When I approached this house I anticipated that it would be one of those homes filled with antiques run by an antique gallery owner wanabee. Inside it appeared to be what I had suspected but something seemed to be off. The walls covered in far too many painting and the shelves and mantels bedecked in a countless assortment of objects d’art seem to be part of a home that was lived in. After perusing the home I spoke to an older, near toothless gentleman seated on the front porch. He told me that this was indeed a house that had been lived in and that the massive collection inside was that of a Dr. Smith (no relation to the Dr. Smith of Lost in Space fame) a bon vivant who loved buying things. Upon a second tour of the domicile I noticed that the late physician had a special knack for picking of images of men in all forms. While not lewd (but some perhaps slightly suggestive) it was a collection to behold and I was sorry I did not come buy two days earlier when the sale began. For on that day said Dr. Smith’s acquaintance remarked the place had three-times as much stuff as was displayed today. While the male images stood out there was considerable more stuff in this home old medical magazines, bags of silverware, yellowed appliances with large NO signs taped to them, a selection of old military uniforms and many leather bound books.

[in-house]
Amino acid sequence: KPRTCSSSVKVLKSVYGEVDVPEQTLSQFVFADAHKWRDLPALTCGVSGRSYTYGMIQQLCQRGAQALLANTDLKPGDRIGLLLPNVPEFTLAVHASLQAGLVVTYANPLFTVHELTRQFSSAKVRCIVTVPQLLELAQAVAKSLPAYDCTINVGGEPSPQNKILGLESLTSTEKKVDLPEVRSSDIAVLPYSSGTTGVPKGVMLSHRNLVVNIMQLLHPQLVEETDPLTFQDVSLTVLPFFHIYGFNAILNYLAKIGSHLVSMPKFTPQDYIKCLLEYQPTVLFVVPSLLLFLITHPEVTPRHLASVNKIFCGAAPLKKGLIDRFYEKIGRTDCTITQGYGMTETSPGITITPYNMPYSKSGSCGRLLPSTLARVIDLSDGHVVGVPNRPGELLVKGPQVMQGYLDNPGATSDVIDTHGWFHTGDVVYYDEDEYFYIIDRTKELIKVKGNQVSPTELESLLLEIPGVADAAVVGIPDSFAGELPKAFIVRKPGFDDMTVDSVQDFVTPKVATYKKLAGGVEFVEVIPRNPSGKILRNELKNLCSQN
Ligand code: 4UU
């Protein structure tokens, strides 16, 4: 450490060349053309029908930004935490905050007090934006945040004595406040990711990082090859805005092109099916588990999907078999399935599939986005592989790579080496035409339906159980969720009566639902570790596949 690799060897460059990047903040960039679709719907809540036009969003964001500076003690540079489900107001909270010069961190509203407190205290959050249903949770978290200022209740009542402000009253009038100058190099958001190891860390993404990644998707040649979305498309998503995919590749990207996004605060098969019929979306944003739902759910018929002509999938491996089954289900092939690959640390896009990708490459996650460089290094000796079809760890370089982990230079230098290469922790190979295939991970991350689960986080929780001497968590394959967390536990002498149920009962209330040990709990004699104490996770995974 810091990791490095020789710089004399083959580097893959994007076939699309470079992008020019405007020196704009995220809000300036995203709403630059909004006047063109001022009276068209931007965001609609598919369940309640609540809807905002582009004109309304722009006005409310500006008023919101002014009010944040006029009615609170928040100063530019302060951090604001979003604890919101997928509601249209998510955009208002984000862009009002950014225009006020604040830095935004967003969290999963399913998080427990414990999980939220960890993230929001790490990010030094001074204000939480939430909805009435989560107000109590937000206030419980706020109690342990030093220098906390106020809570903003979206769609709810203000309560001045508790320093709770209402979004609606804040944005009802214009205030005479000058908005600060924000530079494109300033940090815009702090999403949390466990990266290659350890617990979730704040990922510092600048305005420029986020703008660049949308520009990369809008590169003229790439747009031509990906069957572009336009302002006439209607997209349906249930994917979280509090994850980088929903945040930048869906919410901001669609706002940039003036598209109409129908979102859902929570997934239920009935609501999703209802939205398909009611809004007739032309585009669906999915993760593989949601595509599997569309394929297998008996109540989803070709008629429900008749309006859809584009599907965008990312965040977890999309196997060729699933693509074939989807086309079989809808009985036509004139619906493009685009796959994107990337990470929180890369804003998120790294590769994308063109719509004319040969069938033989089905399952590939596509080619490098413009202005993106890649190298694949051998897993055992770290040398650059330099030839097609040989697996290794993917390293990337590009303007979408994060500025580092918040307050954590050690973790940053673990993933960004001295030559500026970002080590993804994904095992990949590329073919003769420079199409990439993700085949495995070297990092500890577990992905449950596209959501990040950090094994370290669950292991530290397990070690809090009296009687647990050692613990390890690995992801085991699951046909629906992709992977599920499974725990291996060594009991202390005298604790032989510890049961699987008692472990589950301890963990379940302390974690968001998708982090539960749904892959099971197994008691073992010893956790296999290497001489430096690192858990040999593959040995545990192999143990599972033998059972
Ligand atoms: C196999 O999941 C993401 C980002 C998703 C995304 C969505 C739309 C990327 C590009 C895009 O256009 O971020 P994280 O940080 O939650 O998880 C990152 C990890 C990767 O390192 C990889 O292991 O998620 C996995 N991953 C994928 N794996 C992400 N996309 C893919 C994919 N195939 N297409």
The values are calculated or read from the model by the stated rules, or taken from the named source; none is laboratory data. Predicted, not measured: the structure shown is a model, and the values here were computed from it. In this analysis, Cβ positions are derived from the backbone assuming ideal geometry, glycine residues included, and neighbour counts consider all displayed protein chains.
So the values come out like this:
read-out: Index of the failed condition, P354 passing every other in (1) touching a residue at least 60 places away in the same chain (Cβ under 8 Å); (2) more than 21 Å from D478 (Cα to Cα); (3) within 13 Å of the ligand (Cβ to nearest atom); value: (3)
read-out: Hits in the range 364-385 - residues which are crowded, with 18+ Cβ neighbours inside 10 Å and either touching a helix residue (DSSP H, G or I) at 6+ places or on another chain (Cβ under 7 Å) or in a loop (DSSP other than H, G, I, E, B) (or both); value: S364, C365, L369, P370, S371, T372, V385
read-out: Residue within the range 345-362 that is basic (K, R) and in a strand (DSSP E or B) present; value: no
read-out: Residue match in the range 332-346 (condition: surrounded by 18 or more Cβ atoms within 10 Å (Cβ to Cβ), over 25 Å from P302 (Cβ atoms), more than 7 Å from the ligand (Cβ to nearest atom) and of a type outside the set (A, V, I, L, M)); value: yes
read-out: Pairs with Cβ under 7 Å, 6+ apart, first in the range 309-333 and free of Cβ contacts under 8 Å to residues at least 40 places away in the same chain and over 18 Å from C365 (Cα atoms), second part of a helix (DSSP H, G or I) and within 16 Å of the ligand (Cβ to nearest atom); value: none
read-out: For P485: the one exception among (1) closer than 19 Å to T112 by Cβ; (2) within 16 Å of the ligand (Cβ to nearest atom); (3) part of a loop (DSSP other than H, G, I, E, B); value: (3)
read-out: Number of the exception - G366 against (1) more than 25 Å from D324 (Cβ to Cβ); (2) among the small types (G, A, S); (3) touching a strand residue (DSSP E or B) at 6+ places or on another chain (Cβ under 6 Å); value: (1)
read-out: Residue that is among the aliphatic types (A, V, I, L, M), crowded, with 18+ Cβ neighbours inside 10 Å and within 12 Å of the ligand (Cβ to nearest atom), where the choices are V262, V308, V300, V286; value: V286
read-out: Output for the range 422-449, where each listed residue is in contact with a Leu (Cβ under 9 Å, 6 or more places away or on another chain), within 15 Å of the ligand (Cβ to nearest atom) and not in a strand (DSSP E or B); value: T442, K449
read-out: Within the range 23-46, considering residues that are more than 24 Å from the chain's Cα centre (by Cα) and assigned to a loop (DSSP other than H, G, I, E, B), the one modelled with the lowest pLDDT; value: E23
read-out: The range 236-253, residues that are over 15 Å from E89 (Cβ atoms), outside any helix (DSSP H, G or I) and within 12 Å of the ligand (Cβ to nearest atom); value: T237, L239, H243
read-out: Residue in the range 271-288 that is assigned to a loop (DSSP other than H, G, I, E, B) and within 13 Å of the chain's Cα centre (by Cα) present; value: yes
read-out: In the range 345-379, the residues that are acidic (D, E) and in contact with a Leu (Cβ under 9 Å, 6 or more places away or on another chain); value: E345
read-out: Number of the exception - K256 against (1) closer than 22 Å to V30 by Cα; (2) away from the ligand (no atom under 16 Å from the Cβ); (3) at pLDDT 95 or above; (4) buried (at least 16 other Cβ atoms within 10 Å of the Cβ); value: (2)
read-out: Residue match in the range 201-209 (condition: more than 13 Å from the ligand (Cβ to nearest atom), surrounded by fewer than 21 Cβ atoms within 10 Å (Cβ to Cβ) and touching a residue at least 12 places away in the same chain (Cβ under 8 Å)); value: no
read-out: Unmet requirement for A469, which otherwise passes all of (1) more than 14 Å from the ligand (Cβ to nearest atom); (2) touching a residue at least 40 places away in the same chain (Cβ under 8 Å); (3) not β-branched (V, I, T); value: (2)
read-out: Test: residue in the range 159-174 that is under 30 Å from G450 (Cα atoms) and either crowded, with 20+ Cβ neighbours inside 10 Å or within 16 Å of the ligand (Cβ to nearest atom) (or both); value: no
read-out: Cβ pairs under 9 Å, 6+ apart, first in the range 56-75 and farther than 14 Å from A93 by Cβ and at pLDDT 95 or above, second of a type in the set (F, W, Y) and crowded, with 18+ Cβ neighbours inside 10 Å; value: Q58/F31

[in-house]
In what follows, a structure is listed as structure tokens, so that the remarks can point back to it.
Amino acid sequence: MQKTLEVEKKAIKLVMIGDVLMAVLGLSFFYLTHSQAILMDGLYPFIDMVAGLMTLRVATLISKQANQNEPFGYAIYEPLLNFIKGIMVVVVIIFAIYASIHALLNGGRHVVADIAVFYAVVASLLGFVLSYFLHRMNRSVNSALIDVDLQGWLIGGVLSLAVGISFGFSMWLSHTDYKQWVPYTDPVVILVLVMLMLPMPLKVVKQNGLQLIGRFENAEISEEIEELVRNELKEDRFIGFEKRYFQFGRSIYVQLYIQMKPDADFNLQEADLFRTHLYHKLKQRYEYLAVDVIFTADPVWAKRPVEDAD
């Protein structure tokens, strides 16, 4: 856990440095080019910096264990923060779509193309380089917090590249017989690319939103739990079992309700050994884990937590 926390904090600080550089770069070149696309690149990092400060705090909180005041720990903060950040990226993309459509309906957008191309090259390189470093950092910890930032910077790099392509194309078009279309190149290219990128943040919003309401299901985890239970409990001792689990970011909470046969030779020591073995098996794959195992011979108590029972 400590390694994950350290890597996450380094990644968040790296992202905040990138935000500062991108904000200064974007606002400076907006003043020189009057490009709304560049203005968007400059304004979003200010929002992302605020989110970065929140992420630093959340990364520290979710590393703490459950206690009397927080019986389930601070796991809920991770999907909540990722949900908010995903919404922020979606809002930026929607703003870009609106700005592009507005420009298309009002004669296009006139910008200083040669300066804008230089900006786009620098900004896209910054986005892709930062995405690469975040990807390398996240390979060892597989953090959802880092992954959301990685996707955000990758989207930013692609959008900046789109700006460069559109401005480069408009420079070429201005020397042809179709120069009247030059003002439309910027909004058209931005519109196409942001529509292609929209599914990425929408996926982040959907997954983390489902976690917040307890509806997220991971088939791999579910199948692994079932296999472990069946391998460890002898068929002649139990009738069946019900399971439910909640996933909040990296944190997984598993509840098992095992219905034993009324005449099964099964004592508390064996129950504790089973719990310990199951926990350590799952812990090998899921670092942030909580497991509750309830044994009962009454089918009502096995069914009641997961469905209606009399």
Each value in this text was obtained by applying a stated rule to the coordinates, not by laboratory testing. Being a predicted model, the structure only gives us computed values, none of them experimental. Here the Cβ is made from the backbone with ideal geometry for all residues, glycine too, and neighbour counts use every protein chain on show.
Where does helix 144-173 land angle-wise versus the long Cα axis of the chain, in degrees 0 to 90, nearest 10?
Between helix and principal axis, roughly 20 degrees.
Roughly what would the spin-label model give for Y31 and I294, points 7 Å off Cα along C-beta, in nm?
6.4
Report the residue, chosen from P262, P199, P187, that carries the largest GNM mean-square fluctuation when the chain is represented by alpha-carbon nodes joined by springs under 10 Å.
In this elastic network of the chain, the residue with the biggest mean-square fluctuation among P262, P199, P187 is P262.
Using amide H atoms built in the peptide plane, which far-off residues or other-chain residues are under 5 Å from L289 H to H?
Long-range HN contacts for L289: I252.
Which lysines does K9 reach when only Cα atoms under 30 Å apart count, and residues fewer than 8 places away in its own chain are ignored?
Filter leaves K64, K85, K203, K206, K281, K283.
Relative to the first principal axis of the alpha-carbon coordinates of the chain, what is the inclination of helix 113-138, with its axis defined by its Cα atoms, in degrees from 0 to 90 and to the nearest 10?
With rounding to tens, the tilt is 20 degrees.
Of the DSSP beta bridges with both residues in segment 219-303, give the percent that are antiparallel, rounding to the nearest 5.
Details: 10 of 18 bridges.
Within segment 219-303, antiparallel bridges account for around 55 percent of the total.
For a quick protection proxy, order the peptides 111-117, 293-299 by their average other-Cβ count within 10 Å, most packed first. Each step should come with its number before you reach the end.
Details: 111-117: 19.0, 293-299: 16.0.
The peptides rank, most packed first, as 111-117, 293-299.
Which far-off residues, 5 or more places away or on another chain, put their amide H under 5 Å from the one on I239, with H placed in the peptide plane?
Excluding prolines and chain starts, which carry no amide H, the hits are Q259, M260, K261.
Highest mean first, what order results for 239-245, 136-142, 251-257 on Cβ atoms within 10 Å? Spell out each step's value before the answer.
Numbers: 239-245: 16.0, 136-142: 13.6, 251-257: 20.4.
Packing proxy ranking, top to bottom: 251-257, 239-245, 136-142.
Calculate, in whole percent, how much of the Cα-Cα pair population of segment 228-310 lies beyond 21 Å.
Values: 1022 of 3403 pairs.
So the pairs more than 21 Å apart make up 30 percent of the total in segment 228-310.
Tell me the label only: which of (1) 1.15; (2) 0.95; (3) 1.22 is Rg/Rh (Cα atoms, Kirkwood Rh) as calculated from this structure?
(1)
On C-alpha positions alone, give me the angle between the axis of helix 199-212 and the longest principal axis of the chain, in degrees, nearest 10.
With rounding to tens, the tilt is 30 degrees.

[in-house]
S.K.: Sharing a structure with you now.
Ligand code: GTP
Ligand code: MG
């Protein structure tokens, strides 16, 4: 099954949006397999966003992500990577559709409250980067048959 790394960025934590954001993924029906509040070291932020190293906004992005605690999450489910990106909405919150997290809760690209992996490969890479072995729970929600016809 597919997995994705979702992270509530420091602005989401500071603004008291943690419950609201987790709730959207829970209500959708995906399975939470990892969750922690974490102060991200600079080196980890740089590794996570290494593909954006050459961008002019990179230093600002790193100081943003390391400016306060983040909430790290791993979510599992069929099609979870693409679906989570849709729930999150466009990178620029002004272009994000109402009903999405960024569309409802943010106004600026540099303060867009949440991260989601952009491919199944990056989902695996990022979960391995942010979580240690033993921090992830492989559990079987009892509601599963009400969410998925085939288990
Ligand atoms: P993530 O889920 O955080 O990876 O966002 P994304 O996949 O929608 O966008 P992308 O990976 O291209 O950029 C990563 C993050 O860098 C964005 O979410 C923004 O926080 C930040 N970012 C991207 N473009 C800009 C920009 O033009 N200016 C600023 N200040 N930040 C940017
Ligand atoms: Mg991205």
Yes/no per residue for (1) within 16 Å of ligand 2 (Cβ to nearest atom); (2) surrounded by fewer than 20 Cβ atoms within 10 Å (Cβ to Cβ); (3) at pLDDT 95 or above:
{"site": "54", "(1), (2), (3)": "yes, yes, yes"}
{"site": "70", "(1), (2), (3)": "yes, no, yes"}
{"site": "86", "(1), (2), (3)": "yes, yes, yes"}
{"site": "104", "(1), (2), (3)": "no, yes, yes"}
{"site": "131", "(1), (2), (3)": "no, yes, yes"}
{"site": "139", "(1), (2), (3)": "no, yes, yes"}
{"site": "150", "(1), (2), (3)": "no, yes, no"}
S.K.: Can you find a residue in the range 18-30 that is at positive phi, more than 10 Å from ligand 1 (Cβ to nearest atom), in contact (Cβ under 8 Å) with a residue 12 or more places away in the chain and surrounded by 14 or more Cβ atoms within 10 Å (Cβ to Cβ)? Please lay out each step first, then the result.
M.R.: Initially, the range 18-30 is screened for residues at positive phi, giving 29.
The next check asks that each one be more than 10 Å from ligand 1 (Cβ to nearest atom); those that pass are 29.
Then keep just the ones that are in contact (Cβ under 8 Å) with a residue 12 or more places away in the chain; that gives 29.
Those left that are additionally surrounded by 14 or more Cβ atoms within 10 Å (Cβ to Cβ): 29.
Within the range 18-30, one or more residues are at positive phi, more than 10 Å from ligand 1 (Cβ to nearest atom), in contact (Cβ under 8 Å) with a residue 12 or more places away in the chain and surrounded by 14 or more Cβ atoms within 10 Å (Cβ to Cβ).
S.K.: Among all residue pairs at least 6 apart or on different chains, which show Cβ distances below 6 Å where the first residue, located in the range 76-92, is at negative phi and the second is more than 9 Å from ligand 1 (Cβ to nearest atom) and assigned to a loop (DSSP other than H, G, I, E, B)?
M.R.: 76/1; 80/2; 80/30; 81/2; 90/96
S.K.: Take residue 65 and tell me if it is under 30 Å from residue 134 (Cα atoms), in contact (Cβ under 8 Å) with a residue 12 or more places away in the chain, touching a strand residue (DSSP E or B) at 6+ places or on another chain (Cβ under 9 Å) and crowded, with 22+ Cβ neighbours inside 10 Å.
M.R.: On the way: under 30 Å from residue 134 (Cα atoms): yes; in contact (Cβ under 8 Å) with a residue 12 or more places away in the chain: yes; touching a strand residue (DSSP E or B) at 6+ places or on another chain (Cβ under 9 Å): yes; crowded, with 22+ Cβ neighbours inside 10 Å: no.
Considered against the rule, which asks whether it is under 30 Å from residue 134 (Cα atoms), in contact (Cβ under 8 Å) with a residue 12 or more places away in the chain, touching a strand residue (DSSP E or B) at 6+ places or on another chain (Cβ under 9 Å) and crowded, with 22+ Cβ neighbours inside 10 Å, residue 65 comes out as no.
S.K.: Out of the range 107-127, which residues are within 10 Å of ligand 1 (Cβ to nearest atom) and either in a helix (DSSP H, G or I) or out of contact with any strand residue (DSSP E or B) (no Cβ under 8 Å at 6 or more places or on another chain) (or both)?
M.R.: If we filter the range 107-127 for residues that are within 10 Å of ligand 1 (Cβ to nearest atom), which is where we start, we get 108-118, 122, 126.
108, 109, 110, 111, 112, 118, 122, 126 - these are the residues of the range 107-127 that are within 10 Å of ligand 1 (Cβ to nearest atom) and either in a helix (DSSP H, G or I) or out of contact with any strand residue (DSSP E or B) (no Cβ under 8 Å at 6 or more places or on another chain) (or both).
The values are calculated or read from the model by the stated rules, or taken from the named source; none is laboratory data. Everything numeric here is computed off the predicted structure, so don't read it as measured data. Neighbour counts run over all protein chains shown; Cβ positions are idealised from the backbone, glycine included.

On a fine antique piano was a portrait of the estate owner. I told the gentleman on the porch I had initially mistaken it for a photograph of Tennessee Williams.
I bought nothing.

Inside the home of Dr. Smith.

Appliances not for sale.